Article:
Southern Pride

June 27, 2015

In a short time a sweeping change has taken place in the Deep South.  Sentiment for removing the Confederate flag as a present day representation has never been so strong.  But detractors remain.  The ones I know personally are also people I have known to be deeply compassionate and kind.  This is my letter to them.

When one flies this image, what does it celebrate?  The only defense I hear is that it does not represent racism.  But what meaningful value worthy of our pride does it symbolize?  I’ve asked and gotten no response.  How can we cling to a symbol by shouting only what we claim it ISN’T?

It’s time to let it go.


I am thankful to be from the Deep South.  Living in the Midwest for 14 years has only strengthened my understanding of my heritage.  There are beautiful parts of Southern culture few people see because the negative are so awful and well documented.

How do people know I’m from the South?  My ass carries the legacy of vegetables laced with bacon fat.  When I holler at my kids in public, my southern accent immediately kicks in.  I tell stories.

Where I come from, we hold out our hand to a wounded sister.  We hand her a linen handkerchief to dab her tears, and pour her a sweet tea with fresh mint.  Or bourbon.  We sit with each other and bear witness.  We share our crazy ass stories to normalize our experiences and assure each other we are not alone.

These are the things I think of when I consider my heritage.  We commune over good food and drink and music and stories and our humanity.  We know our history.  We have seen messy change and ugly resistance up close.  We are proud of how far we have come, and saddened by resistance that remains.

Where I come from, we do not flaunt our privilege in the face of suffering.  We do not act entitled to our good fortune.  To do so is to commit the sin of gettin’ above your raisin’.  It is just bad manners.  Such arrogant behavior is a social felony and carries the sentence of exclusion from gatherings where good food and drink are served.

I would have thought the racist connotation of this image was indisputable.  Yet you can find an argument for or against anything on the internet, dressed up with pretty graphics and feel good sayings.

But ultimately the long history of this image doesn’t matter.  Just like the words in our vocabulary gain meaning from how they are used, so this flag has come to represent white supremacy.  Whatever positive and legitimate association you maintain for this image, there are too many radically hateful people who fly it with their cruelty.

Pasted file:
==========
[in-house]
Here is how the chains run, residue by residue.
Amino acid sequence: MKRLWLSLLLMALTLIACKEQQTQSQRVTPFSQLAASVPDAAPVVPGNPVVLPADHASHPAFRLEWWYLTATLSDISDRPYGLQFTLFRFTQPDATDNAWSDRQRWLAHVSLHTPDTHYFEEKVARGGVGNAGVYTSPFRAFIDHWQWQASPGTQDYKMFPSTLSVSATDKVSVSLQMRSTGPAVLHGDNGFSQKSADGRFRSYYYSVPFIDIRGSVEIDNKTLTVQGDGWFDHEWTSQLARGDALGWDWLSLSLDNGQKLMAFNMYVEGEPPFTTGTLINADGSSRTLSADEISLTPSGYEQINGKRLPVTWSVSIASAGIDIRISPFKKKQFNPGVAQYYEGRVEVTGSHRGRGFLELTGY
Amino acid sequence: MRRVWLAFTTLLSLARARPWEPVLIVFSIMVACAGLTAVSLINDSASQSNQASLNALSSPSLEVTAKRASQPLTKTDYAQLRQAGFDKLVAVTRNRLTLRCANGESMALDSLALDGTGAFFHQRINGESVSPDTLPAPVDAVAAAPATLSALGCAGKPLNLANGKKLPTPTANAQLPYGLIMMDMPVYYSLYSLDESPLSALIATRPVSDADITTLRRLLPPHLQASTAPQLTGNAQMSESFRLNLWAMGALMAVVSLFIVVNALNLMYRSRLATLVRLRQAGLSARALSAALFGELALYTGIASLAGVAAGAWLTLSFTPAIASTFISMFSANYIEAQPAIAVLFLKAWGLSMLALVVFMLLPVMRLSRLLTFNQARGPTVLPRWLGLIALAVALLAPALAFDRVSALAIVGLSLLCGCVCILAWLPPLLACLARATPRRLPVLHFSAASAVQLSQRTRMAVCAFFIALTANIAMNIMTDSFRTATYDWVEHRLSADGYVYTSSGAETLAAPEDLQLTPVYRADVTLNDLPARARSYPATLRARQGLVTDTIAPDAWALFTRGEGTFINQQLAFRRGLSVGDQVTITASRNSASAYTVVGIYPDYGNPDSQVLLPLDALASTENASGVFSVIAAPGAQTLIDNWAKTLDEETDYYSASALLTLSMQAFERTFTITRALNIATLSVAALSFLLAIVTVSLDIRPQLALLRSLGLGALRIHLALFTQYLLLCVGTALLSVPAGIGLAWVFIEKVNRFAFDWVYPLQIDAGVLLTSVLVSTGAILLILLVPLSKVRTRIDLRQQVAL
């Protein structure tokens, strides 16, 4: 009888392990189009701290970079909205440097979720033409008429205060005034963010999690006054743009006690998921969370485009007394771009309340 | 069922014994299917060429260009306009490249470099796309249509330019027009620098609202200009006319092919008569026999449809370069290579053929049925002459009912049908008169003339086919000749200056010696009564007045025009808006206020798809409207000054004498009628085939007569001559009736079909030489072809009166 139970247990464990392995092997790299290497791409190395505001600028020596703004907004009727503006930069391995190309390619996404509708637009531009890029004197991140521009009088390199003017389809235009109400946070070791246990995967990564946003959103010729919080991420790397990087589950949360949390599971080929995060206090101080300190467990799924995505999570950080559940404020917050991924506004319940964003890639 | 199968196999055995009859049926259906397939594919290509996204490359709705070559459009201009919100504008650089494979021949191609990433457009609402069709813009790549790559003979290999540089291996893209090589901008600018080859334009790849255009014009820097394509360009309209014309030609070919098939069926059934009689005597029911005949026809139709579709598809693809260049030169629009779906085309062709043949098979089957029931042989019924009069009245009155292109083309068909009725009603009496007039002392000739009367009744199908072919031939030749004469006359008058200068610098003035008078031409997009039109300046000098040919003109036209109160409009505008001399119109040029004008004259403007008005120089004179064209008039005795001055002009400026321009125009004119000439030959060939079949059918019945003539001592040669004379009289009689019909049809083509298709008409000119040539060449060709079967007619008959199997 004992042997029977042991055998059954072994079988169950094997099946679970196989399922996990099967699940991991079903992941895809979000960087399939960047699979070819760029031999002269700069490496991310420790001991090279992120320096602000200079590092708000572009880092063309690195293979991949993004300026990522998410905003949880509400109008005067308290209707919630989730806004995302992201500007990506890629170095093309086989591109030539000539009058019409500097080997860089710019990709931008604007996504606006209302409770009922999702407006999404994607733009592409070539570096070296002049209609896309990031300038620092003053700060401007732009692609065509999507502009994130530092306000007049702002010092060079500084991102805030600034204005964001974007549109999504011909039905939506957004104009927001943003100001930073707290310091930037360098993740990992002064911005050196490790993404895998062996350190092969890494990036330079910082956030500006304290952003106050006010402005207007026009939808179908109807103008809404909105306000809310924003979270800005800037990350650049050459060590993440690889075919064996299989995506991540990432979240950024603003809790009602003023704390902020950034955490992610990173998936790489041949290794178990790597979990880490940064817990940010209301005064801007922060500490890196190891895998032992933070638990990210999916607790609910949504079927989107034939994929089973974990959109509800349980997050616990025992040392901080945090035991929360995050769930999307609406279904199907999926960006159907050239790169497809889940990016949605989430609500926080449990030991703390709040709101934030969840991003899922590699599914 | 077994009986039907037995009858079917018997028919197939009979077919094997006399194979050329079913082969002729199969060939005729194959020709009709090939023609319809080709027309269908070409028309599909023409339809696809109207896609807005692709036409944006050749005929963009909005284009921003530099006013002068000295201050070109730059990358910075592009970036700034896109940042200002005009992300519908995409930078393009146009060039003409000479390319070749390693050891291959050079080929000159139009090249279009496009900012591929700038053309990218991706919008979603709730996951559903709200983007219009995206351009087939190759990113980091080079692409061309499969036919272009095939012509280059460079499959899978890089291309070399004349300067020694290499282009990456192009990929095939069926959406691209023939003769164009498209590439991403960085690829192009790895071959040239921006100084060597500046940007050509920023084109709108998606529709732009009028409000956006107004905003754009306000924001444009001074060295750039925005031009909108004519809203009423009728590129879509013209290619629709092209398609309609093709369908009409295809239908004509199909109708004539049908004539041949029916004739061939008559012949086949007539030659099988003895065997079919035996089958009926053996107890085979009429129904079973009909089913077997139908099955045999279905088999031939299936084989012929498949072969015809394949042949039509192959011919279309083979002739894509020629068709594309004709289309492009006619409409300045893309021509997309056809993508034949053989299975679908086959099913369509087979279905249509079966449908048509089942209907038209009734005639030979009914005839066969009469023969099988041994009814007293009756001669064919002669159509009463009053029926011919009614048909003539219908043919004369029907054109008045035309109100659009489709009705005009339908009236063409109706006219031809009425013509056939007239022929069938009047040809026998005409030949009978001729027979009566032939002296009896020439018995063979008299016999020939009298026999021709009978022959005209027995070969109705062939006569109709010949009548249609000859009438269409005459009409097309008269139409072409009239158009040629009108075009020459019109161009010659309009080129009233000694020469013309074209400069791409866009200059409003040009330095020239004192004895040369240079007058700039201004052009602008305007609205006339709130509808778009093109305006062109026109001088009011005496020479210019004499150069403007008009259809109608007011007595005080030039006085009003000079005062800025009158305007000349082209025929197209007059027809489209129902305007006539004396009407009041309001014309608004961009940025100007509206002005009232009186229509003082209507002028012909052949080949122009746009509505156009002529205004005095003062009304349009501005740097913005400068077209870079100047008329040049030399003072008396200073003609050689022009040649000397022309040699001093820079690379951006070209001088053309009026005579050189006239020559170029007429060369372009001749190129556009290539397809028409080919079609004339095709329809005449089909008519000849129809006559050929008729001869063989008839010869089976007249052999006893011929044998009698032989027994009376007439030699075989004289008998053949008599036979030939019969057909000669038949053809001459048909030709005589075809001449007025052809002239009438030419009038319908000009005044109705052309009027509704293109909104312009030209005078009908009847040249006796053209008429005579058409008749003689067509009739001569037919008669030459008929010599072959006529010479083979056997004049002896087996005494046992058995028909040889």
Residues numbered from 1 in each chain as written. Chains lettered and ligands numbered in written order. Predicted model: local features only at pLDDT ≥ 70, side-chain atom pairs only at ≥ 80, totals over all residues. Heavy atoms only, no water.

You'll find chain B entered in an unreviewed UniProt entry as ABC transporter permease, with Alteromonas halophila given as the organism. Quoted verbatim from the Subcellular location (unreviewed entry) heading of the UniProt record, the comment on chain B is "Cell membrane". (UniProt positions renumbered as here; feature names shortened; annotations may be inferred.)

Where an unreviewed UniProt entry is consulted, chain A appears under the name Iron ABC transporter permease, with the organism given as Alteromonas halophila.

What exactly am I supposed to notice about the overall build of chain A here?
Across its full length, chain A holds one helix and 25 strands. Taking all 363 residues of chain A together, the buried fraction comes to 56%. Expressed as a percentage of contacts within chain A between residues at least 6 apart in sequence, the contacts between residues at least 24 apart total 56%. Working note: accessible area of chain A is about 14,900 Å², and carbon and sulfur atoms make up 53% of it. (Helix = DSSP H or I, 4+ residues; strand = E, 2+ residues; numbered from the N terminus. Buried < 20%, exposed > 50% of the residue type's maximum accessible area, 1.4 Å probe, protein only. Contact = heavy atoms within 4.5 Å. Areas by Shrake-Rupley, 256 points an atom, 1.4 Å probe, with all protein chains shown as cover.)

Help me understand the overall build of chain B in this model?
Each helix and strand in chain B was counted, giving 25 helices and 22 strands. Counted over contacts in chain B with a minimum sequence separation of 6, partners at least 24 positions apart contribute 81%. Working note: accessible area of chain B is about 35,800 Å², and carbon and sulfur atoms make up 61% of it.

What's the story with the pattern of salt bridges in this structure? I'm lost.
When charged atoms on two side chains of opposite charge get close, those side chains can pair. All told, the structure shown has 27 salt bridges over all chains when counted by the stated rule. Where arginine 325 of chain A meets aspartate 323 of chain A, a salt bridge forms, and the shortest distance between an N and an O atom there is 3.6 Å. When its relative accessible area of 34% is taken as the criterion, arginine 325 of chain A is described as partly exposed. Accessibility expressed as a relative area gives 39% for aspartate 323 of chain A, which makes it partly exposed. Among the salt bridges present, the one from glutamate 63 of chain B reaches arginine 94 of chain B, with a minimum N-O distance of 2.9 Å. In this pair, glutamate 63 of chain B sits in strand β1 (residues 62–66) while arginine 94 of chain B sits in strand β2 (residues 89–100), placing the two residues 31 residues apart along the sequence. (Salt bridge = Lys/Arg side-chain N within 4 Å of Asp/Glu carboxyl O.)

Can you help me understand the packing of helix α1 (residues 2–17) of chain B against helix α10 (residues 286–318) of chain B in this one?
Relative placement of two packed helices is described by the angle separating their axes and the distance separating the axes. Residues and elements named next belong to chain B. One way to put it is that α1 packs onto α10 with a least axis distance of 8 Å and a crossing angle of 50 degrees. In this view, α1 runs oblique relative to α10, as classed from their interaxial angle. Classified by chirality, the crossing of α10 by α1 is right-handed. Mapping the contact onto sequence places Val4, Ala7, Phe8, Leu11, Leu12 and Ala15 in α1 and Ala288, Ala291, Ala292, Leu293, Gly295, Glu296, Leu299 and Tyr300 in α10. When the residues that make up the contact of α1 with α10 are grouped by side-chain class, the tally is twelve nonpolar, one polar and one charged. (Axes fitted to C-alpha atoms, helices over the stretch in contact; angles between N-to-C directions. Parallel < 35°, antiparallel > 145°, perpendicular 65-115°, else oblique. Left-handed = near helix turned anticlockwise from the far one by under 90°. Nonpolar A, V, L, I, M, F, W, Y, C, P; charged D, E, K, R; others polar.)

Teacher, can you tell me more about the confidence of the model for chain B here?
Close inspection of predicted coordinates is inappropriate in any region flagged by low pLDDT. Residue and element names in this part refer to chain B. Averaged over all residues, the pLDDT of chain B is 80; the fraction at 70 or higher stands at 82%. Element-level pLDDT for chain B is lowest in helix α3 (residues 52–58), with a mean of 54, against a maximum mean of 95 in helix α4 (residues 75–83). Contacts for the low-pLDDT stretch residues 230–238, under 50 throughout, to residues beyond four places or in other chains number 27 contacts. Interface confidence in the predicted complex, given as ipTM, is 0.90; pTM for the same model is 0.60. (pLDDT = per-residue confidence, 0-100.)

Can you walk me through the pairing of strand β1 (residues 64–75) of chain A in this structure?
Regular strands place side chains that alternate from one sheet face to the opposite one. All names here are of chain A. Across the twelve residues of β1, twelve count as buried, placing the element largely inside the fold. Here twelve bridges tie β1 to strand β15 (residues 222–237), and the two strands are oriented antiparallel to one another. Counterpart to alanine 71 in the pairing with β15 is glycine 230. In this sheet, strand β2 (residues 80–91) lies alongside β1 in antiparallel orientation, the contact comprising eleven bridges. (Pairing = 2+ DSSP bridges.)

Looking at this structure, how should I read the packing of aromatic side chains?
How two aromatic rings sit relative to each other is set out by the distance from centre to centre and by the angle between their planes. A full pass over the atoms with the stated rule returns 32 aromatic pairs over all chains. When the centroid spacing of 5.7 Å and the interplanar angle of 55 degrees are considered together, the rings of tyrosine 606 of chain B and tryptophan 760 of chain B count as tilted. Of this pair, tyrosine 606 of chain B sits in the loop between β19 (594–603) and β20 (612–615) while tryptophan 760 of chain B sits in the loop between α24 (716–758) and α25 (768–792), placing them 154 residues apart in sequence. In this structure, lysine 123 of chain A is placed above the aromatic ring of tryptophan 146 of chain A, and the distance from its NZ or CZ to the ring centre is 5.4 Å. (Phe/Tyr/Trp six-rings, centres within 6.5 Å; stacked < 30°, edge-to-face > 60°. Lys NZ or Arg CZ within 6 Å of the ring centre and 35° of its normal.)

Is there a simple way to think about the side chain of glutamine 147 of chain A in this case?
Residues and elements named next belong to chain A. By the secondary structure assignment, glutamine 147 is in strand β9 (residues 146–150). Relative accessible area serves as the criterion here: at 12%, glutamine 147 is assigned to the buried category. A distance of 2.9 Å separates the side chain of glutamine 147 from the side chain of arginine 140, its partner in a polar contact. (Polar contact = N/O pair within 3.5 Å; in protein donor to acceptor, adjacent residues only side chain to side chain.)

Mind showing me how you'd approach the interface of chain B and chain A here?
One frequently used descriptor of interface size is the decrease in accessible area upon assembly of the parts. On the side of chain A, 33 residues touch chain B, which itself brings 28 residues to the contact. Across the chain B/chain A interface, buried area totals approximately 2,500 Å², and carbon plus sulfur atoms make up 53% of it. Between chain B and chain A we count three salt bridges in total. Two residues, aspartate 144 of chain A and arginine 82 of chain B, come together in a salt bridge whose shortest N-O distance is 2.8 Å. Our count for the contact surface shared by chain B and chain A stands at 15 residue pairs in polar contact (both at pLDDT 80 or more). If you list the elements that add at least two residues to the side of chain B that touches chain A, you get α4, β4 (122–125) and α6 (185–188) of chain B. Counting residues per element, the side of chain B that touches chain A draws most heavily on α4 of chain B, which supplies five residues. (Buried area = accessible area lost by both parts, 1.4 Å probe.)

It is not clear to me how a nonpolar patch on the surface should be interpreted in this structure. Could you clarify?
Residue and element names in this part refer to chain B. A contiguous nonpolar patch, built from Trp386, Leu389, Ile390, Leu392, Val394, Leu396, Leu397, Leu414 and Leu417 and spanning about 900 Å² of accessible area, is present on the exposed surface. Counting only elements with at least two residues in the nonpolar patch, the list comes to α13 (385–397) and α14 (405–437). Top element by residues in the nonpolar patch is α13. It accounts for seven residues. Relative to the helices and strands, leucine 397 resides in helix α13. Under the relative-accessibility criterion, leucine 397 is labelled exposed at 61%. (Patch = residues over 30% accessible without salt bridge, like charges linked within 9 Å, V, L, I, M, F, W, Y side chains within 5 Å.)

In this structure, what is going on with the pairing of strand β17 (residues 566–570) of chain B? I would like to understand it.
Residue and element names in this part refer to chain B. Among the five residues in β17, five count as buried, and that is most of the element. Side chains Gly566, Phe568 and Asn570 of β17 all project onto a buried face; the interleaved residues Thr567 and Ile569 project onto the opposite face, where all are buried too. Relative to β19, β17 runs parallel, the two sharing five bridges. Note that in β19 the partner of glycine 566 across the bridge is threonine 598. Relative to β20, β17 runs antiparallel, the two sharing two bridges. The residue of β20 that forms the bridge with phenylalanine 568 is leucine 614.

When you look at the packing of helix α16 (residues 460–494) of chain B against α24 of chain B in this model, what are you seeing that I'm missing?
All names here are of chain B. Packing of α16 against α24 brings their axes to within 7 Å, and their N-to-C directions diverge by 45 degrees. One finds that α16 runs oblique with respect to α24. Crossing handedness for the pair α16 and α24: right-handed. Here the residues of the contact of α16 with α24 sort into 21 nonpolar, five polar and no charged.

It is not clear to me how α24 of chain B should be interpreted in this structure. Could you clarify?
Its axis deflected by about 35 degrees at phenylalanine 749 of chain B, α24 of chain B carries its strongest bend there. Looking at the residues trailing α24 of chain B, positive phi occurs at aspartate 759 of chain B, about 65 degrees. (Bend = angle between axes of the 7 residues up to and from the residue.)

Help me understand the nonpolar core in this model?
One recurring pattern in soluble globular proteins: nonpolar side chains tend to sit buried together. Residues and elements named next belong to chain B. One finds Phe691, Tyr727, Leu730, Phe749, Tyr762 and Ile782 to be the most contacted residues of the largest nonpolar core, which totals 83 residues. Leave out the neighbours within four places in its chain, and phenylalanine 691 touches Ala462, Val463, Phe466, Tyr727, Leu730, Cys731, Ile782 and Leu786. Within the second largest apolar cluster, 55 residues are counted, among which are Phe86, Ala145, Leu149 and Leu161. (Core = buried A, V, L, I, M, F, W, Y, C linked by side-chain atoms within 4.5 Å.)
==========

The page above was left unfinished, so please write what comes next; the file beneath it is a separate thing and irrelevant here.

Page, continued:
You will not reform it.  You cannot make it mean something else.  Let it go.

My education began in the late 1970s in the post-integration Jackson, Mississippi public school system on the heels of the Civil Rights Movement.  African Americans of my generation in Mississippi likely knew terror from racism first hand, or at least through their parents and extended family.  Imagine looking at this image with that deeply painful context of personal grief and anxiety.  Imagine fearing for your personal and economic safety because there were people in your community who believed they had the right to harm or even kill you just because of the color of your skin.

Offense at this image is not a personal attack on you.  Whatever meaning you grasp when you hold on to this flag pales in comparison to that kind of pain.  To be a Southerner is to have a moral obligation to reach out to each other in kindness and acknowledge that painful past.  Where I come from, we hold out our hand to those in pain.  We can’t do that if our hands are busy clutching this image.

Let it go.

Relinquish it to the history books and let those folks sort out what it does and did, doesn’t and didn’t mean.

A flag is a symbol of our identity, what we treasure and what we celebrate.  It is time to craft new images that reflect who we are today, and who we hope to become.  It is time to find symbols of which we can be indisputably proud.

Let go of defending this symbol.  You do not have to fear relinquishing your heritage.  You only need to honor the good parts of it in the way you live your life and how you treat others.  Show that the good in your history is not as fragile as a flag.  Show that you have the capacity to imagine another’s suffering that you have not experienced.  Show that you are capable of caring about that hurt, and willing to help heal it.